For a few language-gifted children, learning to read appears to be as easy as “A-B-C.” They read without requiring hardly any assistance. Yet, most children will need precise instruction for learning how letters and sounds fit together.
In Alphabet Harbor, learning to read contains three intricately connected components: A. Hearing the Sounds; B. Knowing How the Vowels and Consonants Work Together; and C. Comprehension. (See ABC on the main picture.)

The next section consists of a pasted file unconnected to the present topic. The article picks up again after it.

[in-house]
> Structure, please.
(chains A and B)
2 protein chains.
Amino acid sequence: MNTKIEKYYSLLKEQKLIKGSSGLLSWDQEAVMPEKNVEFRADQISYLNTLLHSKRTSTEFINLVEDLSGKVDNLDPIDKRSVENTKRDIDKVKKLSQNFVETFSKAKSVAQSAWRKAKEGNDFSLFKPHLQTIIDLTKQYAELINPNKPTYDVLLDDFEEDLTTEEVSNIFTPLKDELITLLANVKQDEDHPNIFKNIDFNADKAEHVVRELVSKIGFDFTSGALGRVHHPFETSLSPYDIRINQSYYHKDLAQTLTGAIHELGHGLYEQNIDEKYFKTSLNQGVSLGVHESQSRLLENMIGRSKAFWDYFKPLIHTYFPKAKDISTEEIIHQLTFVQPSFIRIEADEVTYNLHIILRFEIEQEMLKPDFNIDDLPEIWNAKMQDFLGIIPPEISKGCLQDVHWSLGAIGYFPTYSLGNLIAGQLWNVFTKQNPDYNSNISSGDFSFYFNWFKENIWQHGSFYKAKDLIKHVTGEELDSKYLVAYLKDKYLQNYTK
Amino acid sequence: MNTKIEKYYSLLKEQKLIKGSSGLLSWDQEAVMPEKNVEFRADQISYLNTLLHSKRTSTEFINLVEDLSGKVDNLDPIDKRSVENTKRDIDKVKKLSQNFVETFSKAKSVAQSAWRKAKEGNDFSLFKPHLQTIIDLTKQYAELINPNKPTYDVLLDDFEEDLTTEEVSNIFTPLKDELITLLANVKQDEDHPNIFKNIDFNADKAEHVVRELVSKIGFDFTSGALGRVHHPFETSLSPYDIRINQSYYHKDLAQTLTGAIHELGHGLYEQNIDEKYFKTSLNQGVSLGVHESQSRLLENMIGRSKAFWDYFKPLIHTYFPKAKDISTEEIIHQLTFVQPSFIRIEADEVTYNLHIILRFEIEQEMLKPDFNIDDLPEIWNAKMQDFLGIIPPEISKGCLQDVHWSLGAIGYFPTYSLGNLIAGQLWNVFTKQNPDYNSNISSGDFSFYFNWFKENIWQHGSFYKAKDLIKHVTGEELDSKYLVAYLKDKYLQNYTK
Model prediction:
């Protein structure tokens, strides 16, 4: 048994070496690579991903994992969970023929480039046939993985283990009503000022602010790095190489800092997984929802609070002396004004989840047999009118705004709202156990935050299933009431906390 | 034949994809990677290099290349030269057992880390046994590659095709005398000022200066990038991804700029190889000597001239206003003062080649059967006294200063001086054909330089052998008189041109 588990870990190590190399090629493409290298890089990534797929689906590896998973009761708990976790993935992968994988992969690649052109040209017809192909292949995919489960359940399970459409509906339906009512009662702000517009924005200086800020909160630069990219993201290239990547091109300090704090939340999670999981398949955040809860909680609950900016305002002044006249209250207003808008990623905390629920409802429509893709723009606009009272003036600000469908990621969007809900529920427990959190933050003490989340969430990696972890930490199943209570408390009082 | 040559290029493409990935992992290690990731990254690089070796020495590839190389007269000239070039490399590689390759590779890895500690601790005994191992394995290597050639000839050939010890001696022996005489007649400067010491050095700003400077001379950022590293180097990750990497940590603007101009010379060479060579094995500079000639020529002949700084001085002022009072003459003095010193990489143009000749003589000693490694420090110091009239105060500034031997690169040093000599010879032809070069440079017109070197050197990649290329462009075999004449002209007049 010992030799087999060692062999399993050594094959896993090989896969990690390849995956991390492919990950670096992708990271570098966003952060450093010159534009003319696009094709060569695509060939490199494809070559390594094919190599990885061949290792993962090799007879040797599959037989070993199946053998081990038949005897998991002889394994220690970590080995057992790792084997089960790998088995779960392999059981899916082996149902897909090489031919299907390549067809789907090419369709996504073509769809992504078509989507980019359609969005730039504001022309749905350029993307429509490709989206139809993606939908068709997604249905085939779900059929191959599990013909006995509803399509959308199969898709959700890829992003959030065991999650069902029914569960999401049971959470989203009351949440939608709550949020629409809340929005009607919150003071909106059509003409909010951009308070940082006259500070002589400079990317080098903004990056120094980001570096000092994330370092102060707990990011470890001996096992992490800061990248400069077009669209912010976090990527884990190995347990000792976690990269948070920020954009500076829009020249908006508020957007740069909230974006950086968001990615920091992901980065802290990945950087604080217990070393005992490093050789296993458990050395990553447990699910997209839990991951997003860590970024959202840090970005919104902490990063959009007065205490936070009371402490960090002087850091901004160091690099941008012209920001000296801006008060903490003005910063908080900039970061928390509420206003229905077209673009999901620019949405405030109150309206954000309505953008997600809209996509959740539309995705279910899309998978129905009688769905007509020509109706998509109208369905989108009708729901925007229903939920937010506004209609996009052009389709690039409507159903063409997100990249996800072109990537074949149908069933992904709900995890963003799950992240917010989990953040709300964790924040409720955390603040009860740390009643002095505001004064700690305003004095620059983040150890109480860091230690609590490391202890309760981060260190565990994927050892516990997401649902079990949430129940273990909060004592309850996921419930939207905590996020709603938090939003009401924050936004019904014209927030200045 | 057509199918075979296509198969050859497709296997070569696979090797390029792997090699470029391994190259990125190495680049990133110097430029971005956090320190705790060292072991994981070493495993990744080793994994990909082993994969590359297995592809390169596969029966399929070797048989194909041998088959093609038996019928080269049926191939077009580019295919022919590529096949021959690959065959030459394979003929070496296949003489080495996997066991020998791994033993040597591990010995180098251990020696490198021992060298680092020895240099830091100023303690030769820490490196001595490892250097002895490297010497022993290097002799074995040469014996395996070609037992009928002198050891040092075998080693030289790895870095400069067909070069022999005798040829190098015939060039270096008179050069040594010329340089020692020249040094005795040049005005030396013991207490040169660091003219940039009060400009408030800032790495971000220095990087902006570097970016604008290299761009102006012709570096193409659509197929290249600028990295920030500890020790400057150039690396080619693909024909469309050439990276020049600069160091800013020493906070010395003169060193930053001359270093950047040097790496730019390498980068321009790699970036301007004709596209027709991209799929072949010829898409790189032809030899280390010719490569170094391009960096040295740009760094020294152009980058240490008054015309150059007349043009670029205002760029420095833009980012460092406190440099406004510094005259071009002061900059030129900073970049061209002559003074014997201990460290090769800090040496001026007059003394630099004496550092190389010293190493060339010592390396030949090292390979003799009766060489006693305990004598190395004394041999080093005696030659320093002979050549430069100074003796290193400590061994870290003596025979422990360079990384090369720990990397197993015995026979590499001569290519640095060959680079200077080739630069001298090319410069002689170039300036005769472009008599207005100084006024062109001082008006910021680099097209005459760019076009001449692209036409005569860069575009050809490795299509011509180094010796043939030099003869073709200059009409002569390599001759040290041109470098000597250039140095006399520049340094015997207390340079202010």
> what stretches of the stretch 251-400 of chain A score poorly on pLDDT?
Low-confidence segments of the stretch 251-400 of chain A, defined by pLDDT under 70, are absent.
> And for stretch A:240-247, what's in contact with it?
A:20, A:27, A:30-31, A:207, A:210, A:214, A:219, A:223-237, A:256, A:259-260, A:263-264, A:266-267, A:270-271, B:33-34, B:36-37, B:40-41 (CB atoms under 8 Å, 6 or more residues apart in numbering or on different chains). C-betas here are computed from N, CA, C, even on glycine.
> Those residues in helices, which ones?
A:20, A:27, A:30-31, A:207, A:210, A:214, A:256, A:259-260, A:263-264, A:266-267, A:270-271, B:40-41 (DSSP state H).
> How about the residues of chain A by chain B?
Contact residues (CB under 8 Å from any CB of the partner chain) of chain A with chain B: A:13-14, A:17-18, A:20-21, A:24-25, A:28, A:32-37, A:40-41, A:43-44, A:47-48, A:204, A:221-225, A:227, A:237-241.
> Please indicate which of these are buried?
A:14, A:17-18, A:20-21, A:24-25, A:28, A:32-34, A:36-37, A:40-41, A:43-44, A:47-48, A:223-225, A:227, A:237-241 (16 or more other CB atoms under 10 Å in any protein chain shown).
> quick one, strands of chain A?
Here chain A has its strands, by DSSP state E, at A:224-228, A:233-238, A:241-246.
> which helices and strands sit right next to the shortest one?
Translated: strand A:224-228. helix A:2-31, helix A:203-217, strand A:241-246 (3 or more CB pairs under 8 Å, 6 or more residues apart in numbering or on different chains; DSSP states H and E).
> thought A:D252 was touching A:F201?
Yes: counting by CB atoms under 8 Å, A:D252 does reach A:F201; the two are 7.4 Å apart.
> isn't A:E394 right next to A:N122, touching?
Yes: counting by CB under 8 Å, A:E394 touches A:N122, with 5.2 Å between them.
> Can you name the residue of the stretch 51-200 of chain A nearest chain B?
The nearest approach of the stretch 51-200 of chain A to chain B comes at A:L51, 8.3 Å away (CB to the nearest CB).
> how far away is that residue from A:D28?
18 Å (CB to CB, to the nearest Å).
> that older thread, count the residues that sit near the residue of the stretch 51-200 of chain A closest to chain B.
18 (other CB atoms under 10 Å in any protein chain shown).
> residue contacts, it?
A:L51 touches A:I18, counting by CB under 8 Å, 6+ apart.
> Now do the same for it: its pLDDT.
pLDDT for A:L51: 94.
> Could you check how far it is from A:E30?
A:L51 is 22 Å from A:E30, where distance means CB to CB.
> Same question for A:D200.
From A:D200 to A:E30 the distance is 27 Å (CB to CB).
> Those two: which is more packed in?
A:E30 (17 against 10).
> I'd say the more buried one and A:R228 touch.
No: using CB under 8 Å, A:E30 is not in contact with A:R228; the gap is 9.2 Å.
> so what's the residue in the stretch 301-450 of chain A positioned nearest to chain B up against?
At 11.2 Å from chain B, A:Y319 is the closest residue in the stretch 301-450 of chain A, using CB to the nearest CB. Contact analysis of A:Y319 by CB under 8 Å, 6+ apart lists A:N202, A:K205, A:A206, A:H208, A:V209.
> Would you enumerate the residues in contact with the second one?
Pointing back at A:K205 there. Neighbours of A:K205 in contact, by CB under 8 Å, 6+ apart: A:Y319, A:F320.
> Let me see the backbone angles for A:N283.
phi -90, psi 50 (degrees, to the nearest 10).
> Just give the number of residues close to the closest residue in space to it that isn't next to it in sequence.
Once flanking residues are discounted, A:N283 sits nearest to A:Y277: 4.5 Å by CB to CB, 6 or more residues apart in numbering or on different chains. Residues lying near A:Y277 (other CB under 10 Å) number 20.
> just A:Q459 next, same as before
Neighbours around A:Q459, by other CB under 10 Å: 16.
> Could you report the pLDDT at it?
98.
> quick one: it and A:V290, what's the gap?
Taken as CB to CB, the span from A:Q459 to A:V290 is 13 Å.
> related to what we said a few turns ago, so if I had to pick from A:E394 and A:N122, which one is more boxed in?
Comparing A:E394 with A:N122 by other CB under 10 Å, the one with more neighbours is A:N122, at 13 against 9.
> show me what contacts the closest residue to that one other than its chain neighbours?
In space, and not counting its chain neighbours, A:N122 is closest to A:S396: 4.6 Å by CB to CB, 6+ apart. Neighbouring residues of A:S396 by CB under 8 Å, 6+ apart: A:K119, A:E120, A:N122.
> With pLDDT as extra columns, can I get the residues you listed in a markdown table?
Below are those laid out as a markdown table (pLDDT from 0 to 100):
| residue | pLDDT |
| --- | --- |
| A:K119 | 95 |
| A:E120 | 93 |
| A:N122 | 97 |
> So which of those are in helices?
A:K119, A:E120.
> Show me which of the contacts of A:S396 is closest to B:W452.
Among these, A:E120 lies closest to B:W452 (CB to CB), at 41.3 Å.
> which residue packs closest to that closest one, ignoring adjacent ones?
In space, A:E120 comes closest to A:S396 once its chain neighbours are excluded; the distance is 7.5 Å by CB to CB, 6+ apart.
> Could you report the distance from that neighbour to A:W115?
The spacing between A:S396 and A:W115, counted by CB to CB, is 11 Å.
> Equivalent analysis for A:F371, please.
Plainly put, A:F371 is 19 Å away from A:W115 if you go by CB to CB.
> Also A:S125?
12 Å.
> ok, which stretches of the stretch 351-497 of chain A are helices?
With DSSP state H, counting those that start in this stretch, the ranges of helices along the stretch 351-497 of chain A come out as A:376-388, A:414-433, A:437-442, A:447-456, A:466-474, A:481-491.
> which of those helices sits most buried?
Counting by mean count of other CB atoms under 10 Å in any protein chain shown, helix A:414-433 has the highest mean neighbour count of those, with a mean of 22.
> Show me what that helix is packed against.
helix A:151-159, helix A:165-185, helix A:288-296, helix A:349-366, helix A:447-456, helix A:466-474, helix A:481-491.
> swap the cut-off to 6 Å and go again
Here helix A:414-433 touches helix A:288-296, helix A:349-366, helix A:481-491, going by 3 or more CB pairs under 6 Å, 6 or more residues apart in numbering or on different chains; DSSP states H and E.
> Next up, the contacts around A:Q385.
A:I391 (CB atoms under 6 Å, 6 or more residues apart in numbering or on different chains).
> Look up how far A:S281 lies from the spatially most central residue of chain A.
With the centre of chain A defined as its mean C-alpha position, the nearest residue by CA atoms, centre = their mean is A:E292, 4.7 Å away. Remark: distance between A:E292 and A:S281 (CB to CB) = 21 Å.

The first component, A: Hearing the Sounds, supports B and C. When children easily hear the sounds in a word, they will read it with ease, and more importantly, will use the words when speaking. That’s right, a child’s vocabulary increases when they hear the sounds in words. And when those around them use the words in conversations, confidence builds.